Music + Festival reveals forbidden music

“Last year I read a book called Forbidden Music – I don’t know how I got the book or why I did – which is about composers whose music was forbidden to be performed by the Nazis.  I found it fascinating,” says Daniel Asia, composer and professor of music at the University of Arizona.

The book included well-known composers, such as Arnold Schoenberg and Kurt Weill, along with other lesser-known musicians. While in London last fall, Asia met the author, Michal Haas, who asked if he had ever heard of Hans Winterberg. Asia had not. That’s because Winterberg’s musical archive had been sealed under a Nazi law and only recently opened. Winterberg was practically unknown.

With a whole new treasure trove of music to explore, Asia’s fascination with forbidden music became the inspiration for the UA Fred Fox School of Music’s “Music + Festival 2016: Forbidden Composers – Schoenberg, Weill, Winterberg.” This is the ninth annual composers festival, directed by Asia. Featuring a conference, a symposium and four concerts, the festival takes place Oct. 14-16 on the UA campus in Tucson.

“Winterberg’s story is astonishing,” says Asia. An Austro-Hungarian composer, he survived Theresienstadt, a concentration camp in Czechoslovakia, only to be sent on a forced march to Germany. “German speakers were unwelcome in other countries after the war,” Asia explains. He ended up in Munich, where he was hired by the Bavarian Radio Orchestra. “He was a composer of some note, but was marginalized, as most composers were after the war who did not write in the serial style made popular by Schoenberg.  His music was recorded by the Bavarian Symphony. After he died in 1972, “his archive was put under some Nazi law that said it couldn’t be opened until 2040 because he was Jewish,” says Asia. His grandson and Haas got the ruling overturned and the archive was opened last year.

“There might be a few pieces here that will enter the repertoire, and that’s a big deal,” says Asia, who has spent months going through the archive and is excited to bring Weingarten’s music to audiences who have never heard of him. “We are bringing this music back to life. How cool is that?”

Although Schoenberg, Weill and Winterberg composed in vastly different styles, the common thread among them is that their music was banned by the Nazis because they were Jewish. The festival explores their lives and the relationship between serious and popular music. Highlights include Schoenberg’s “Five Pieces for Orchestra,” Weill’s “Three-Penny Opera,” and Winterberg’s “Wind Quintet.” All Winterberg performances will be American premieres.

“Schoenberg was a committed Jew, who then became a Lutheran, who then became a Jew again,” says Asia. He wrote the opera “Moses and Aaron” to “try to figure out the relationship between these two biblical characters. In his later life, he was committed to Zionism and Judaism.” In the 1930s and ’40s, after fleeing Nazi Germany, Schoenberg worked tirelessly to help other Jews escape Europe. Although Schoenberg was known as a rebel for inventing the 12-tone approach to composition, Asia says that the music he wrote later in life from Los Angeles was more “old school.”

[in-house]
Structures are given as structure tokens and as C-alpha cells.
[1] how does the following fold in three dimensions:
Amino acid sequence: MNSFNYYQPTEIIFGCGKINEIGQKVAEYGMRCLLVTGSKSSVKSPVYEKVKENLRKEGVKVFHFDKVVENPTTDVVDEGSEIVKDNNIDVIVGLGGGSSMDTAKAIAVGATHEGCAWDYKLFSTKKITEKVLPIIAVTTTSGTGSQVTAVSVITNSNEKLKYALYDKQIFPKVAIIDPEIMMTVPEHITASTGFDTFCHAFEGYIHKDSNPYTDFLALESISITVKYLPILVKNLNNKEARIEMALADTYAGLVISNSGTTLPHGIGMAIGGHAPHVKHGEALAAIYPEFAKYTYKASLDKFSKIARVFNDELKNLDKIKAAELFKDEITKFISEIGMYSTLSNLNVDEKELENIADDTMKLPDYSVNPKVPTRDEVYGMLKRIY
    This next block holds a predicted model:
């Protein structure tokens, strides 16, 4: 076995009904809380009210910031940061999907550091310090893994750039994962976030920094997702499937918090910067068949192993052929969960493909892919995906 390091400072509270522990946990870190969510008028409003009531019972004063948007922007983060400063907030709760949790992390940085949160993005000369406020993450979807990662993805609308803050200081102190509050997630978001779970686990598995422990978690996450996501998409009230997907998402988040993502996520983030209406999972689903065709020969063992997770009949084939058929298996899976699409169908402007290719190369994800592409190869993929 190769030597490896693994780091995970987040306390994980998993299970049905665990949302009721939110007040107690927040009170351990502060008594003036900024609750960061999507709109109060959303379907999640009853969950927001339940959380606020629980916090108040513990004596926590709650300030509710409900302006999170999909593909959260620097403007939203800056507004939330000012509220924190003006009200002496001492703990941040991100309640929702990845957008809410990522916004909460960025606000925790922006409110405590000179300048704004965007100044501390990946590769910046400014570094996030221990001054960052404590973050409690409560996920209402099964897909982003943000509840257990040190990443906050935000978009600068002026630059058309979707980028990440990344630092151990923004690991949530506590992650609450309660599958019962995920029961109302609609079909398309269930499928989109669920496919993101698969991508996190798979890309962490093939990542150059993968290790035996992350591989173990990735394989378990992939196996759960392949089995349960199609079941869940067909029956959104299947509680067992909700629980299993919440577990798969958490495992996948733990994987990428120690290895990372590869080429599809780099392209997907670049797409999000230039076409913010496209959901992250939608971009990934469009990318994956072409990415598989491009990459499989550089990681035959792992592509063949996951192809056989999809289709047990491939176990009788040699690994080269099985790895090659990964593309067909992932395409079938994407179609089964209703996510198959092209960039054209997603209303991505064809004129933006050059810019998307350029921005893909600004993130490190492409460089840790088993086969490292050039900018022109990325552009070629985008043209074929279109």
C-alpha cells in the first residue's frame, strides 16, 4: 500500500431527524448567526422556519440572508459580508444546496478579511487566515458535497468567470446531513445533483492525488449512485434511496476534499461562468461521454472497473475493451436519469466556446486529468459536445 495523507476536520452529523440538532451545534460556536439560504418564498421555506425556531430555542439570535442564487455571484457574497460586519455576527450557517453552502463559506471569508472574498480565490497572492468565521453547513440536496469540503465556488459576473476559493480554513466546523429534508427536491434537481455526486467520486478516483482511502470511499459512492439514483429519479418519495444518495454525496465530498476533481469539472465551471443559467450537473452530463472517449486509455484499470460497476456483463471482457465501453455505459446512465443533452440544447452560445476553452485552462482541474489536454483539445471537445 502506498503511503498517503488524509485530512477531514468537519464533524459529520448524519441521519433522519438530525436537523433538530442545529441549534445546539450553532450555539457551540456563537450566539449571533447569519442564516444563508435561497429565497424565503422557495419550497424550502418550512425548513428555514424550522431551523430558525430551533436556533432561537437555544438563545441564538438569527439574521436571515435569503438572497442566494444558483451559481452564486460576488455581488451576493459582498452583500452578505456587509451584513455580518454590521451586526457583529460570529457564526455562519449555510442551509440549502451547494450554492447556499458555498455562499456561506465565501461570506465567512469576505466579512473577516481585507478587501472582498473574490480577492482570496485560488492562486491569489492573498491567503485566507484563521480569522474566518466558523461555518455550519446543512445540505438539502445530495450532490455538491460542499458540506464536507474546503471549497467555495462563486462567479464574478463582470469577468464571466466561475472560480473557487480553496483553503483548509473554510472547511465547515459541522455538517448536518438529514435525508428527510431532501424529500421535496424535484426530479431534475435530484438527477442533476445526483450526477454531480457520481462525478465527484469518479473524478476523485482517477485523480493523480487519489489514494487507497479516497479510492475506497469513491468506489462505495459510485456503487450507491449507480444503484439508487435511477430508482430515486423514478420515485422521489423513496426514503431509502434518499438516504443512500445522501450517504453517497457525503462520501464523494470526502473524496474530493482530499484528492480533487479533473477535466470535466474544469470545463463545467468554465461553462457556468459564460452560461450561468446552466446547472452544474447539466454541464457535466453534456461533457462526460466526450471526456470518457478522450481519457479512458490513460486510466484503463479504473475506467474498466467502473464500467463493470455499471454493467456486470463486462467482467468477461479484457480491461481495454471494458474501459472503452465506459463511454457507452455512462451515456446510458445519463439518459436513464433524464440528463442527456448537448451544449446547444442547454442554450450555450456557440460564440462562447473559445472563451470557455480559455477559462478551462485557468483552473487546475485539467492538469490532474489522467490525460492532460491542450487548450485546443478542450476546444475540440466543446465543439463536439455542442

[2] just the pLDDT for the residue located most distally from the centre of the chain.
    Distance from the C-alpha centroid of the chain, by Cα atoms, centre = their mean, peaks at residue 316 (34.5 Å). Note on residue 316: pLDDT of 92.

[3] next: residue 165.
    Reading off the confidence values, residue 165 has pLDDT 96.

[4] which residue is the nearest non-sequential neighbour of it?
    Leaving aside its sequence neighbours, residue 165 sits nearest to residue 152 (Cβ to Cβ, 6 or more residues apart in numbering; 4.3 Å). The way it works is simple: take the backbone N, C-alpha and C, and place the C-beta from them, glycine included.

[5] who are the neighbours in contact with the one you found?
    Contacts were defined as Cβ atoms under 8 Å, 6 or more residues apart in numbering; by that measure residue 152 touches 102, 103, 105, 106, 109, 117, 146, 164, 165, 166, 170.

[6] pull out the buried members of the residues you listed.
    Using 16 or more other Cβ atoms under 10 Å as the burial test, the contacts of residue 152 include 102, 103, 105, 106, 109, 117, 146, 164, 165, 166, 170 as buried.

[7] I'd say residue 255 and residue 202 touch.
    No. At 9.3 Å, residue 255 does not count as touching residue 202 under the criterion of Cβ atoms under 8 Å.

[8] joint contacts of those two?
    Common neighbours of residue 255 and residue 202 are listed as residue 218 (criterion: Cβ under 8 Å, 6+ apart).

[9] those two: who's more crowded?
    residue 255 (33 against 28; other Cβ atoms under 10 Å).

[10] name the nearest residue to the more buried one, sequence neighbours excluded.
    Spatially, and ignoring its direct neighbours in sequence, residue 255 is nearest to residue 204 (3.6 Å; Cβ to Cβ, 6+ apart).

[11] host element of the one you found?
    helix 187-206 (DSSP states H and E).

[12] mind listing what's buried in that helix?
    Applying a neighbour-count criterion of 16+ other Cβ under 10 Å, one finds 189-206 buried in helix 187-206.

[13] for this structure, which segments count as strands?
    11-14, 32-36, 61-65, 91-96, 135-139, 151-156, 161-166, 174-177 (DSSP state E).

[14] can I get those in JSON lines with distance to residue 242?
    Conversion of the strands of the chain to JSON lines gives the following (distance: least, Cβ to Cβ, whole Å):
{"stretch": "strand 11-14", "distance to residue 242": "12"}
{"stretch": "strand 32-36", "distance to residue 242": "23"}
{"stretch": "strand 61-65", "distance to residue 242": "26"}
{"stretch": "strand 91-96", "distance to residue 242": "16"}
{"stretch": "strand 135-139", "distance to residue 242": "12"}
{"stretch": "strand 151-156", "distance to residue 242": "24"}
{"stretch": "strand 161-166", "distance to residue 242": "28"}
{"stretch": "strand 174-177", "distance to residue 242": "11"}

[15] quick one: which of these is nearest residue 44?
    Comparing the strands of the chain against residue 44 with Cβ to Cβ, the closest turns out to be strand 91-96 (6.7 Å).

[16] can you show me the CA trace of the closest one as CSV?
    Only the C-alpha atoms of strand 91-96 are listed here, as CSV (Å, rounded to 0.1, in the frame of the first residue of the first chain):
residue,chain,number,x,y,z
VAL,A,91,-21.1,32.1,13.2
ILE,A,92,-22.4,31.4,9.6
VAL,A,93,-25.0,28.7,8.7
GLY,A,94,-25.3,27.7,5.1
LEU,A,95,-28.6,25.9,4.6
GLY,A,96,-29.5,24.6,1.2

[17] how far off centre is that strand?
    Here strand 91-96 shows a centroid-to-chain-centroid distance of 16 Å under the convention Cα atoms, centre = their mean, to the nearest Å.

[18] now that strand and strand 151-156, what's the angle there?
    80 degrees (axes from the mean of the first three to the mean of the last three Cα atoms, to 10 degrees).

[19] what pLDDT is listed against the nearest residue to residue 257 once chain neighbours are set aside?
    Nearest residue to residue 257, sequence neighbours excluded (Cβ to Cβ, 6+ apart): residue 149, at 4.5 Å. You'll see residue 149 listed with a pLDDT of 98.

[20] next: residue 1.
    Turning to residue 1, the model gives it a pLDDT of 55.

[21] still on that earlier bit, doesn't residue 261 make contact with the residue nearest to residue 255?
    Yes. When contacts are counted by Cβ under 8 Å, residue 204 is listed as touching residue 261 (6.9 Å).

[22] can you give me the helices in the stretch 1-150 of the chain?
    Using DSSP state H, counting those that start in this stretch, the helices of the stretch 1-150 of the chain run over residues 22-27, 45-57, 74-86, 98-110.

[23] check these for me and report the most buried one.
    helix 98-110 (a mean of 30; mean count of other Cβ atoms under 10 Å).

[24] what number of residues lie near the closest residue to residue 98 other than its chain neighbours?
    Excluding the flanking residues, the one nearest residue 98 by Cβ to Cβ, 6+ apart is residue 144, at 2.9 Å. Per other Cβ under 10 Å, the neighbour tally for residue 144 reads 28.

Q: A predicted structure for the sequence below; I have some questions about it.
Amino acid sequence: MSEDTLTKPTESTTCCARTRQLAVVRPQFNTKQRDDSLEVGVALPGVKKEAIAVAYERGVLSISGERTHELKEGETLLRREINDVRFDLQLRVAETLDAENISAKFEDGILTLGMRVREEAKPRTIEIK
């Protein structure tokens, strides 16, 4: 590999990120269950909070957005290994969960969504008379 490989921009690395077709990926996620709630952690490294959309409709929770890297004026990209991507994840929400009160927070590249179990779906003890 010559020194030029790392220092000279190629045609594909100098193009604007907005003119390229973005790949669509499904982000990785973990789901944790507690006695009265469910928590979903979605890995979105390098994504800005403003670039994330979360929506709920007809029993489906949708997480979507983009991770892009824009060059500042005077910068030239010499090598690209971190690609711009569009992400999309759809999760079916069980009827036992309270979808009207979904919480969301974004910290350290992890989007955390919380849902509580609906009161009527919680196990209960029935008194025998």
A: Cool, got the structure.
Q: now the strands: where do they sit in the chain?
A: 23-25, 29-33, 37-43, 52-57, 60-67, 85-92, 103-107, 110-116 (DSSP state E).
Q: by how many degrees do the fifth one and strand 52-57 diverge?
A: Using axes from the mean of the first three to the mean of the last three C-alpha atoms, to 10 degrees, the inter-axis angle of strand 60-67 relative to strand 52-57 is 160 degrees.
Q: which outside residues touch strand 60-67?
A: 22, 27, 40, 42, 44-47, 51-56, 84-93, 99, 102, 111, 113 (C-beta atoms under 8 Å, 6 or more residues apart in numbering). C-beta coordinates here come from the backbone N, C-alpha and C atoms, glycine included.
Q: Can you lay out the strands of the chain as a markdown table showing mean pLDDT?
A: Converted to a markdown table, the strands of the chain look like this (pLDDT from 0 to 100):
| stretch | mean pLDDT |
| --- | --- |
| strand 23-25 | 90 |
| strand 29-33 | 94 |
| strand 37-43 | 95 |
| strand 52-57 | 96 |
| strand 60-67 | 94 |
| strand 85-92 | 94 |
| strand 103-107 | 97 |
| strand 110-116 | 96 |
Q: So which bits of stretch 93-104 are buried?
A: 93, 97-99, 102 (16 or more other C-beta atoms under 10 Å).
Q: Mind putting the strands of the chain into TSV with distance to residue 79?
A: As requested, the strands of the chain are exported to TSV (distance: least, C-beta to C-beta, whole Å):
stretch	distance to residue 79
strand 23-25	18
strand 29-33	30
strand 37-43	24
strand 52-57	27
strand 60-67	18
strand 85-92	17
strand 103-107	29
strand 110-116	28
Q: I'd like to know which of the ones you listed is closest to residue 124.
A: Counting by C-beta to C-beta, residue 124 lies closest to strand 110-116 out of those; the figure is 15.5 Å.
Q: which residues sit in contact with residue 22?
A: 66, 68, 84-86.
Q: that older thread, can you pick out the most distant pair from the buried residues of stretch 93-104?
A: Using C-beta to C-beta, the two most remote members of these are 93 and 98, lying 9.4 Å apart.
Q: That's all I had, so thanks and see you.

“We’re going to present the complete picture of Schoenberg: Schoenberg the revolutionary and then Schoenberg the man who, in his 40s, 50s and 60s moderated … and discovered … continuity of the generations,” says Asia.

If Schoenberg wrote for the musical elite, Weill wrote for the populace.

Asia describes Weill as “another nice Jewish composer, whose father was a cantor.” Like Schoenberg, his early music was in the late romantic idiom, as influenced by Richard Wagner and Richard Strauss. But when he discovered jazz in Berlin, he “went completely over to the other side and started writing popular songs influenced by … Tin Pan Alley. … like ‘Three-Penny Opera.’” Forced to leave Germany, Weill ended up in New York, where he was a significant presence on Broadway until his death at the age of 50. Weill, too, was a devoted Zionist. His liturgical piece “Kiddush,” commissioned for New York City’s Park Avenue Synagogue in 1946, will be performed on the last day of the festival.

The conference includes keynote speaker Haas, who will present on Winterberg; Dr. Stephen Hinton, author of Weill’s Musical Theater, on Weill, and Dr. Sabine Feisst, author of Schoenberg’s New World: The American Years, on Schoenberg. “The speakers will talk about the composers, but will also talk about their sense of themselves as Jews and as Jewish composers,” Asia says.

On Saturday, Aaron Mobley and Robert E. Gordon of the School of Music will present a symposium reflecting on the places and larger cultural context in which all three of the composers lived and worked.

Two concerts will be presented on Saturday and two on Sunday, including a performance by the Amernet String Quartet.

“The Amernet emphasizes the music of the Jewish diaspora, given its members’ diverse Jewish backgrounds and, through our teaching and concertizing worldwide, aim to discover and disseminate the works of composers whose voices were silenced,” says the Amernet String Quartet’s Jason Calloway.

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